Microsoft Says Its AI Tools Are Helping a Billion People with Disabilities


As over a billion people which is roughly 15 per cent of the world’s population struggle with some form of disability, Microsoft has started unlocking the potential of Artificial Intelligence (AI) to improve assistive technologies in different ways, the company’s India President Anant Maheshwari said this on Monday.

Maheshwari, who had a life-altering learning experience in 2008 when he was afflicted with a severe case of labyrinthitis and vertigo, said nearly 200 people experience significant difficulties in functioning globally.

“Leaving behind a billion people is contrary to our mission to empower every person on the planet to achieve more. Inclusion is at the heart of everything we create at Microsoft,” Maheshwari said in a blog post on the occasion of UN International Day for Persons with Disabilities.

“Take the Seeing AI app for example, which transform the visual world into a vocal experience,” he added.

Influencing AI capabilities in computer vision for the blind and also the low vision community, the Microsoft app uses ‘Optical character recognition’ to scan barcodes, emotions, read a text and even recognise faces and objects to describe the world.

Microsoft Translator is another good example where people who are deaf and hard of hearing derive immense value from the transcriptions and the real-time captioning as well.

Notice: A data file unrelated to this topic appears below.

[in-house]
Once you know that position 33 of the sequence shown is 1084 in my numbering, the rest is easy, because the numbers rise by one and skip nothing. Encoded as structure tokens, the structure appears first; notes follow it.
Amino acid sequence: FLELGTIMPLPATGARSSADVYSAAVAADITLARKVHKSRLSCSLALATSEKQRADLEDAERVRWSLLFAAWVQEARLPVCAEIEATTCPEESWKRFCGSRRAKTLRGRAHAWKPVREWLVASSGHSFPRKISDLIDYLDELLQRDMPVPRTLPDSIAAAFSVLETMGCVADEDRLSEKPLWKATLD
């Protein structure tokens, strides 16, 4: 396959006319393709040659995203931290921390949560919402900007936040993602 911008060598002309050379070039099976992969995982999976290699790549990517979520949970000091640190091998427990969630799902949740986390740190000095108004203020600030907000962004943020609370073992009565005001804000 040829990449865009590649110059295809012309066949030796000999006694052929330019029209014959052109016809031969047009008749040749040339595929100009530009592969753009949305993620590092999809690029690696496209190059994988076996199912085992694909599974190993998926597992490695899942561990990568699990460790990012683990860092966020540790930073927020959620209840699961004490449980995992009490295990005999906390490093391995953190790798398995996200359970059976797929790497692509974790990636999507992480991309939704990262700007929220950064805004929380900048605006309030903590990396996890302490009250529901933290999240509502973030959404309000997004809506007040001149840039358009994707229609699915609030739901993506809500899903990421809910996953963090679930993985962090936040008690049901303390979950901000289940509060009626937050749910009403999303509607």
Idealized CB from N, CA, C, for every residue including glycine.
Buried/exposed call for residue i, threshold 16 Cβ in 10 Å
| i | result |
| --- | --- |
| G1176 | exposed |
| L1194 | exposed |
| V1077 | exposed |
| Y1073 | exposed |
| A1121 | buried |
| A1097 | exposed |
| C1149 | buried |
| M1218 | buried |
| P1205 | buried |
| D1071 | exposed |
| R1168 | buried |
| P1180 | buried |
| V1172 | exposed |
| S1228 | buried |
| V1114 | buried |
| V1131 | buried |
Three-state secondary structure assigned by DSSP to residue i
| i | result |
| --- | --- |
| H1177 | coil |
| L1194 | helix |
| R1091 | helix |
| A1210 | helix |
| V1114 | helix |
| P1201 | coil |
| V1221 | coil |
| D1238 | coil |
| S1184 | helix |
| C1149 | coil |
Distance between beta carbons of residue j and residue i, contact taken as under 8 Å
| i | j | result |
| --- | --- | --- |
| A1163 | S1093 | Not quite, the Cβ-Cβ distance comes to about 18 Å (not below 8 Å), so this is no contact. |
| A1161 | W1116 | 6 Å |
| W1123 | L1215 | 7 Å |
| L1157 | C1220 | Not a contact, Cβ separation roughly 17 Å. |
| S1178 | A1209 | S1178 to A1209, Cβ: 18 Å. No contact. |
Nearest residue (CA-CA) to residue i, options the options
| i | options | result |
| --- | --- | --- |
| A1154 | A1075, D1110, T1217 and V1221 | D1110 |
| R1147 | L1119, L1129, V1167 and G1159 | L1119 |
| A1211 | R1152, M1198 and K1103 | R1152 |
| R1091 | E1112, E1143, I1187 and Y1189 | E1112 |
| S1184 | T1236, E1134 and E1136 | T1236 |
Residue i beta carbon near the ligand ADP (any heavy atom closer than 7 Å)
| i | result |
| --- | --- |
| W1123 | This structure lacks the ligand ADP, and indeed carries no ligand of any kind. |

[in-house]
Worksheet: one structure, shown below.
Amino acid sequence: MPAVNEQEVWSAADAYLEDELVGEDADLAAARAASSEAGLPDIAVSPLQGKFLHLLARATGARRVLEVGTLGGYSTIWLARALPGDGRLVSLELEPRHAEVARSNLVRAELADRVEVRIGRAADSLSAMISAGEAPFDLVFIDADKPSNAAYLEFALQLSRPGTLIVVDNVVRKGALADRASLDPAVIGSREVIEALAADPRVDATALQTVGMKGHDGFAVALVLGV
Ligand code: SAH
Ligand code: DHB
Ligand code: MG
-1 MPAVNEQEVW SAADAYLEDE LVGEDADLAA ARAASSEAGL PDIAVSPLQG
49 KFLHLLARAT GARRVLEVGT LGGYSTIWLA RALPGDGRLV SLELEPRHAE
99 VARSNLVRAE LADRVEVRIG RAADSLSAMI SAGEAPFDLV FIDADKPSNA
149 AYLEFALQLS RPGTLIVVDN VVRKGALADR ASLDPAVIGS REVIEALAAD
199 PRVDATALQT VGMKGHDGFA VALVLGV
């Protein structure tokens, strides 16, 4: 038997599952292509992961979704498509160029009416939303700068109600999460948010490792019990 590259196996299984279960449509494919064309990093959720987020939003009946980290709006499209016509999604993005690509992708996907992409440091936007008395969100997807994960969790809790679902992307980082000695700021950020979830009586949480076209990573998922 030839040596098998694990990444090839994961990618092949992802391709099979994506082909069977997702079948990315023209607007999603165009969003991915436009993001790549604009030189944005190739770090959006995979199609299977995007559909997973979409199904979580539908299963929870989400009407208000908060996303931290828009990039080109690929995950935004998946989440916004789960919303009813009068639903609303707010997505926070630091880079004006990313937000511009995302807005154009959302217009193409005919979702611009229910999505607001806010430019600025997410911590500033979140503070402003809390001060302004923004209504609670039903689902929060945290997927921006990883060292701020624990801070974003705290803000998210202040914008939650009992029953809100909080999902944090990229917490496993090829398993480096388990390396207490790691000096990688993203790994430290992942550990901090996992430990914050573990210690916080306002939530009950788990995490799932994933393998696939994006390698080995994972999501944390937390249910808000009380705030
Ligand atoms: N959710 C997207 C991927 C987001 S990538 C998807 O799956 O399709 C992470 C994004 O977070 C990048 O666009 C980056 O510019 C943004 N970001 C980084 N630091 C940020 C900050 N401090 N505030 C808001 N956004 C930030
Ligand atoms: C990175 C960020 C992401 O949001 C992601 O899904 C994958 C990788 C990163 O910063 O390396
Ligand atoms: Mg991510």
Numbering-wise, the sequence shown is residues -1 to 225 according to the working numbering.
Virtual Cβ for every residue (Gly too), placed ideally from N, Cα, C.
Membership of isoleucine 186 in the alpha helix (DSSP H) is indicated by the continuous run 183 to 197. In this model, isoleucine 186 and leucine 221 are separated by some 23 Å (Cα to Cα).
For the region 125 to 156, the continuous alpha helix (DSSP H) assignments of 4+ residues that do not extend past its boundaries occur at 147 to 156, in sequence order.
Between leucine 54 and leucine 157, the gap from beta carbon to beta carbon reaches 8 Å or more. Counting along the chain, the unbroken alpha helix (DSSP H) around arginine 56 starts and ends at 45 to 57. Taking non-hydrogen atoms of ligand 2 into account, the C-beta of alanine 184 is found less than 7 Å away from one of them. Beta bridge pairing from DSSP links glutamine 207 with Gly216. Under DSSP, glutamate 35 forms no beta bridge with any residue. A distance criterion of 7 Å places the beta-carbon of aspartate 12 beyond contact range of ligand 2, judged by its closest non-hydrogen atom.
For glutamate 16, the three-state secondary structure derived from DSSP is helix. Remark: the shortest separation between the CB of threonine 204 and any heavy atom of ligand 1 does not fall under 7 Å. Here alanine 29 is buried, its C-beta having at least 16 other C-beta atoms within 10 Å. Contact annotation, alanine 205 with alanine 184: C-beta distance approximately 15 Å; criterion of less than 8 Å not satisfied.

“Accessibility check in Office also helps one to ensure that all content is accessible to all, with the use of alternative text for videos or images. So whether at work, or home, the Windows 10 cloud-based platform provides built-in assistive technology that is on the move,” said Maheshwari.

For people who are having a problem hearing or need help focusing, Windows enables to quite visual distractions, highlight content in Edge and customise visual alerts.

With the Narrator, Speech Recognition and Skype Translator, people with vision loss of limited mobility can surf the web quickly, collaborate and also communicate in real time.

Microsoft ‘AI for Accessibility’ is a new, $25 million, the five-year program from Microsoft for developers globally, including in India.

The program will put AI tools in the hands of developers to speed up the development of intelligent AI and accessible solutions for people with disabilities.

Microsoft’s ever Chief Accessibility Officer, Jenny Lay-Flurrie whose deafness set in at a very little age, but he has a big goal ahead to utilise AI tools for inclusion and accessibility.

“Accessibility is all about making anything accessible to everyone. So we have various programs for the disabled, like ‘Seeing AI’ and ‘auto alt-text features’ that are helping to narrate the world for people who can’t see or have low vision,” Jenny recently told a group of journalists at the company’s Redmond headquarters.


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